“I’m sorry – but there’s a problem with your baby’s heart”
We were expecting baby number 3 to complete our family. Ten minutes earlier, I had been mentally decorating a shared bedroom for my two little girls. Suddenly I was facing the agonising wait to find out what was wrong with the heart of my third child.
We were told that our baby girl had Truncus Arteriosus, a defect in which a single blood vessel comes out of the right and left ventricles, instead of the normal two vessels (pulmonary artery and aorta).
It was terrifying but there was hope. I would deliver our baby at Liverpool Women’s Unit where she would undergo surgery on delivery. I spent a week researching her condition and the operation, and began to feel more positive. I had a long list of questions to ask the pediatrician when I next saw him –questions I would never get to ask.
One week later, the scan images were clearer. Our baby didn’t have Truncus Arteriosus – she had an Interrupted Aortic Arch (type B) and her aorta was far too narrow to provide enough blood for her body. She also had a VSD (hole in her heart) which was so big that it would be impossible to close. She would require two open heart surgeries, spend her first 6 months of life in hospital and have a third surgery before she was 5 years old. Even then, there was only a 50-70% chance of her surviving. She needed a miracle if she was going to make it to her teens.
On leaving the hospital that day, I could feel my precious little girl moving around inside me. I had never been so distraught in all my life. A decision had to be made.
We decided to seek a second opinion.
A few days later we were on our way to another fetal ECHO scan. The second team did agree with the majority of the first diagnosis and prognosis – but with one significant difference to the treatment plan. Once she was born, the plan would be to insert an IV of Prostin which would keep her arterial duct open, thus allowing blood to flow to the lower half of her body until her operation. She would need surgery as soon as possible and they planned to use a Gore-Tex patch to close the VSD. All in all, they expected her to be in hospital for no more than 3 weeks.
And, most importantly to me, our baby would have a physically normal life.
There was still a 5% chance that she wouldn’t survive surgery, but, if she did survive she would be left with a much better quality of life. We had been offered hope – and we grasped it with both hands.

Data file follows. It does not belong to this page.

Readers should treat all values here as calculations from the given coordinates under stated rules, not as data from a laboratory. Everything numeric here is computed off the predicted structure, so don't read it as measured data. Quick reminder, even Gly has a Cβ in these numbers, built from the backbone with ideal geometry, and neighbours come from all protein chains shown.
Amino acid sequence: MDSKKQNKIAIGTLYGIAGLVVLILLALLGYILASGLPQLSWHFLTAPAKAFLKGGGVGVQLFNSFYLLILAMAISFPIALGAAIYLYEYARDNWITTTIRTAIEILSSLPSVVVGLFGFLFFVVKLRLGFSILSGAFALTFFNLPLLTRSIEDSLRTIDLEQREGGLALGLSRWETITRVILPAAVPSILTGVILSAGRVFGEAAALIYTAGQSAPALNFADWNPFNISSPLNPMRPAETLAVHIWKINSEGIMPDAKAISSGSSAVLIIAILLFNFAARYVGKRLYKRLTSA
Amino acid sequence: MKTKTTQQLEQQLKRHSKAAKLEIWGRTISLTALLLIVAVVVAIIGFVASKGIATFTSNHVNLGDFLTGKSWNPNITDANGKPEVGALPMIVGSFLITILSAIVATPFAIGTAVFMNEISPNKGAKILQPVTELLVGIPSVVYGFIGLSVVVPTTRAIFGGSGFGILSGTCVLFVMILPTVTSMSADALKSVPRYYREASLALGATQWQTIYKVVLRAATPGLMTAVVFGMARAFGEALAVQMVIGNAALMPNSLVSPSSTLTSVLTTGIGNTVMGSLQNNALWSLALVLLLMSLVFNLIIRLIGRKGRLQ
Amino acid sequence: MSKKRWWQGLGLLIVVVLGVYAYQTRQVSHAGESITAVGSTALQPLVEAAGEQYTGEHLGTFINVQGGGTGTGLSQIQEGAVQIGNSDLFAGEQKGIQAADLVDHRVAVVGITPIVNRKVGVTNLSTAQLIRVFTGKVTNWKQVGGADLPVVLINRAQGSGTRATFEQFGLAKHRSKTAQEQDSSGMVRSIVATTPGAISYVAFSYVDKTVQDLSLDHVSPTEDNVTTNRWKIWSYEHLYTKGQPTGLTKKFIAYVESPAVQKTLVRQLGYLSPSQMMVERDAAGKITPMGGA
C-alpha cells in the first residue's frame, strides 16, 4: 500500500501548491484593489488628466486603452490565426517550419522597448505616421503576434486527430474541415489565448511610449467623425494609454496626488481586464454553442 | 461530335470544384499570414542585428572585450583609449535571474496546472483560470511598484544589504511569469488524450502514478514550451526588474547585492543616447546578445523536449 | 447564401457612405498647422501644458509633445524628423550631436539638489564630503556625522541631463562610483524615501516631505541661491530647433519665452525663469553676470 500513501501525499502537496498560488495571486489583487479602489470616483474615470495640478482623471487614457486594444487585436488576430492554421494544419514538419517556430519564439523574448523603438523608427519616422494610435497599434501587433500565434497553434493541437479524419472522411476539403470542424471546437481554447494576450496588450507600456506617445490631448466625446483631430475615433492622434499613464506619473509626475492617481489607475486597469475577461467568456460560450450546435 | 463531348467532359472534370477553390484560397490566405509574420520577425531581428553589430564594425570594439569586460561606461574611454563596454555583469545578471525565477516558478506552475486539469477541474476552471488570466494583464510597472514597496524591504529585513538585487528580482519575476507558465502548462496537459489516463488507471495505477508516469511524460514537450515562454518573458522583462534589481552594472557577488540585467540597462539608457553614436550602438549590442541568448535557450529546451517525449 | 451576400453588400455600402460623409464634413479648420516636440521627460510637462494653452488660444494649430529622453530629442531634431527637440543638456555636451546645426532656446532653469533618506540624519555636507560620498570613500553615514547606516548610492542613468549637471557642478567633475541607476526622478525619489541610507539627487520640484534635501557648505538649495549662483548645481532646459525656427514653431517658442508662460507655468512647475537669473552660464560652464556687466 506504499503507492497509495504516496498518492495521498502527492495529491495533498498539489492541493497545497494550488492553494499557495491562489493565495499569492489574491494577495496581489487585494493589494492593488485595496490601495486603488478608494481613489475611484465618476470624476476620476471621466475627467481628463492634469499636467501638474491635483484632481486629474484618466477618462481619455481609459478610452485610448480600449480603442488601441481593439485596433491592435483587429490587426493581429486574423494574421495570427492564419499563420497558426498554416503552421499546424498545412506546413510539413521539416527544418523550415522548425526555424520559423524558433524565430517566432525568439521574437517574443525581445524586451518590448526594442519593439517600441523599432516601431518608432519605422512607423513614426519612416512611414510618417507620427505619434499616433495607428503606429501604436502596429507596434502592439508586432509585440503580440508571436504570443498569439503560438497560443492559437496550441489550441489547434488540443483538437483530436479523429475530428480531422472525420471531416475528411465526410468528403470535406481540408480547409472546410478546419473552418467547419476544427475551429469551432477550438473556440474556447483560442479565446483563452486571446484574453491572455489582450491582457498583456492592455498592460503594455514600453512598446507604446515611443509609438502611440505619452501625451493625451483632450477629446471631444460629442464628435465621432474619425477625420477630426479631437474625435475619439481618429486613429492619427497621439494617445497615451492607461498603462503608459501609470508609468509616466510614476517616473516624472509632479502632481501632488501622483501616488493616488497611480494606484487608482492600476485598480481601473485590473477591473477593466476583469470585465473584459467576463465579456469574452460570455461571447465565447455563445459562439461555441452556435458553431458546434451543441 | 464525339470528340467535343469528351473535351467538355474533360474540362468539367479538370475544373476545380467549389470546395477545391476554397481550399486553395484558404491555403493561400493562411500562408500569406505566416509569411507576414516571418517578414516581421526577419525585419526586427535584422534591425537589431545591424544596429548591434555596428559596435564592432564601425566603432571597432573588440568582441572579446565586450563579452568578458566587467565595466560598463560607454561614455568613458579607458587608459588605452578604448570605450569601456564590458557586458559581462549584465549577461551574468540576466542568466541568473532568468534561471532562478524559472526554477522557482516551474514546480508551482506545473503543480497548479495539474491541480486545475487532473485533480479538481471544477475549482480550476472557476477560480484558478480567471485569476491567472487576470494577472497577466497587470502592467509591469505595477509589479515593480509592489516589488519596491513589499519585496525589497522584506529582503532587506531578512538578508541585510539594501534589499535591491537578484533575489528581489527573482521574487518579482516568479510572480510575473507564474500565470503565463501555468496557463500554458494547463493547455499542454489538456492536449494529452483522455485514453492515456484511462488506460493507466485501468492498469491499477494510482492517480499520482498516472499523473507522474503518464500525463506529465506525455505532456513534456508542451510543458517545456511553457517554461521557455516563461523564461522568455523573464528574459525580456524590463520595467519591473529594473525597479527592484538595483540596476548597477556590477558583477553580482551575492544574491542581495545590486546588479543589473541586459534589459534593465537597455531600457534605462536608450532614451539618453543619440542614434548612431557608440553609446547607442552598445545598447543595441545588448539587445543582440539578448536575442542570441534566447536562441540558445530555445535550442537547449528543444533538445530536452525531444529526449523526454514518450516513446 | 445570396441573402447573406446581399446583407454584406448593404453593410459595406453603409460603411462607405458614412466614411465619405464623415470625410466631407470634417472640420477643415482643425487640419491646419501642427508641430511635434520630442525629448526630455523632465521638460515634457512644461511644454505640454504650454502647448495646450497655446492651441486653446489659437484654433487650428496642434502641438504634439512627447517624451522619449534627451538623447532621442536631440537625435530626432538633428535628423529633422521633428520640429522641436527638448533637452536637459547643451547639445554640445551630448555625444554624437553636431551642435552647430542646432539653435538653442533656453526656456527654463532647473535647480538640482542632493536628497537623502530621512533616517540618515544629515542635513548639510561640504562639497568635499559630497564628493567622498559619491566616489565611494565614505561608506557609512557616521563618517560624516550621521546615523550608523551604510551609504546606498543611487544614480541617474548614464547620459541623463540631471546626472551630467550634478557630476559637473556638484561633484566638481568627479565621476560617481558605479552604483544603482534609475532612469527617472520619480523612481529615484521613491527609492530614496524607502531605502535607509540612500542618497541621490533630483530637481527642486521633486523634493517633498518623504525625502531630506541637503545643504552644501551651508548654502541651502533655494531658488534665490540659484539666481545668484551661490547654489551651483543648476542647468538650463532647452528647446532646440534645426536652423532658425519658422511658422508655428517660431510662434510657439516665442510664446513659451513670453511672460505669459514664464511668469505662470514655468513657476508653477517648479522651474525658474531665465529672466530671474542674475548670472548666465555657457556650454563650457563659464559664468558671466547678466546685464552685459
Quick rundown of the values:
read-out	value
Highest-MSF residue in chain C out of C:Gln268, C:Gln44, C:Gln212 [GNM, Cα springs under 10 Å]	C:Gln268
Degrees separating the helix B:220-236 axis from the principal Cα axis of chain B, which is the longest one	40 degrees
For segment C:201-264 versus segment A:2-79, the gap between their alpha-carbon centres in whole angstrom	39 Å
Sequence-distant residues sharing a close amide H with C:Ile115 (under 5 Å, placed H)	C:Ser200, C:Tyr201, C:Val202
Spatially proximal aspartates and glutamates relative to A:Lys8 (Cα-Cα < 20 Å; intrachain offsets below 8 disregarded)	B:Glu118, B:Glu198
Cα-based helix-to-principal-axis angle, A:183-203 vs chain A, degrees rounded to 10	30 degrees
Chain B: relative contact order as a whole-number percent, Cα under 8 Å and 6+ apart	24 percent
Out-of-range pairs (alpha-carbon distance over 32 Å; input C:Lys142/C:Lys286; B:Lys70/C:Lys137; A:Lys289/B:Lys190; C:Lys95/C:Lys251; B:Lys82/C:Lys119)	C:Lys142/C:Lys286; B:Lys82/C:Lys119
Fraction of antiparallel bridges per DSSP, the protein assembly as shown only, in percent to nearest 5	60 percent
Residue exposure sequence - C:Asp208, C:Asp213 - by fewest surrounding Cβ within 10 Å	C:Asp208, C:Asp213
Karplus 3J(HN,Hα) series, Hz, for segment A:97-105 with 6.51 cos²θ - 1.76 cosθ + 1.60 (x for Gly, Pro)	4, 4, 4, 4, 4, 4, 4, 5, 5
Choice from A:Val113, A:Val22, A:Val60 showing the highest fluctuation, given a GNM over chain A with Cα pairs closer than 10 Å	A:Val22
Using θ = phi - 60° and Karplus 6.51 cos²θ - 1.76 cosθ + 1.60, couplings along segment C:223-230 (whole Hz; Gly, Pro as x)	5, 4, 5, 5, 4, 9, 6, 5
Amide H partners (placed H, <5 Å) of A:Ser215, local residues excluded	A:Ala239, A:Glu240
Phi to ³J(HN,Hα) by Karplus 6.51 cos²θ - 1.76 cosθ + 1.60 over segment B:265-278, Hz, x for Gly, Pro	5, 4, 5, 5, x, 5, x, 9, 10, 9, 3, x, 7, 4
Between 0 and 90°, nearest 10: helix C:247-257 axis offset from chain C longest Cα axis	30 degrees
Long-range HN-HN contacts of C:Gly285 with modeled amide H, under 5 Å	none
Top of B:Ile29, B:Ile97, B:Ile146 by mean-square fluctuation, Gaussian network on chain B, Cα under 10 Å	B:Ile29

On the 22nd August, Martha Grace arrived into this world screaming and weighing in at 6lb 1oz.
After four days, she was transferred to Great Ormond Street Hospital for a 7-hour long surgery and,just 18 days later, Martha was on her way home.
However, our ordeal wasn’t over. Due to the size and position of her VSD, Martha Grace would undergo another operation at 12 weeks old. Complications from that operation would see her fitted with a pacemaker at 14 weeks old before having another open heart surgery at 4 months old. A 10-day stay turned in to a 10-week admission with Martha Grace spending her first ever Christmas in hospital.
As the New Year arrived, Martha began making big leaps of recovery. We managed to wean her off CPAP support and she became much better at tolerating feeds. After seven long weeks, she was moved out of intensive care and, on the 22nd of January, we finally brought her home, ten weeks after we brought her in.
Monthly check-ups became three-monthly appointments and then we were given a six-month reprieve.
But in March 2015, we were given the devastating news that the obstruction to her left Ventricular Outflow Tract was worsening and we were potentially looking at Open Heart Surgery Number 4.
Fearing another long term admission, we planned for every worst case scenario…but Martha Grace is a little fighter! Less than 7 hours after coming out of theatre and she was extubated. Two days after her operation she was moved out of Intensive Care and on to the ward. Martha Grace was served her eviction notice five days after surgery and was home in time for her big sister’s 4th birthday.
Martha will face many more operations in the future, her pacemaker needs replacing before the summer – but when I see her enjoying a cup of Babycino in our favourite cafe, or pushing a toy trolley around Hamleys with her big sister…I know that Martha enjoys a great quality of life. That is all I want for her.
We know that if Martha Grace’s heart problem had not been detected during our 20 week scan, she would not be here today.
She came in to the world with a great pair of lungs and, to the outside world, looked perfectly healthy. If she’d been born at our local hospital we would have taken her home and she would not have survived. Even if her condition had been picked up before we left hospital, there would not have been enough time to search out the best treatment and she would have passed away.
Prenatal detection saved Martha’s life. Thanks to the skills of our sonographer, Sioned, who detected Martha’s defect, we have our beautiful little girl. There are no words to thank her.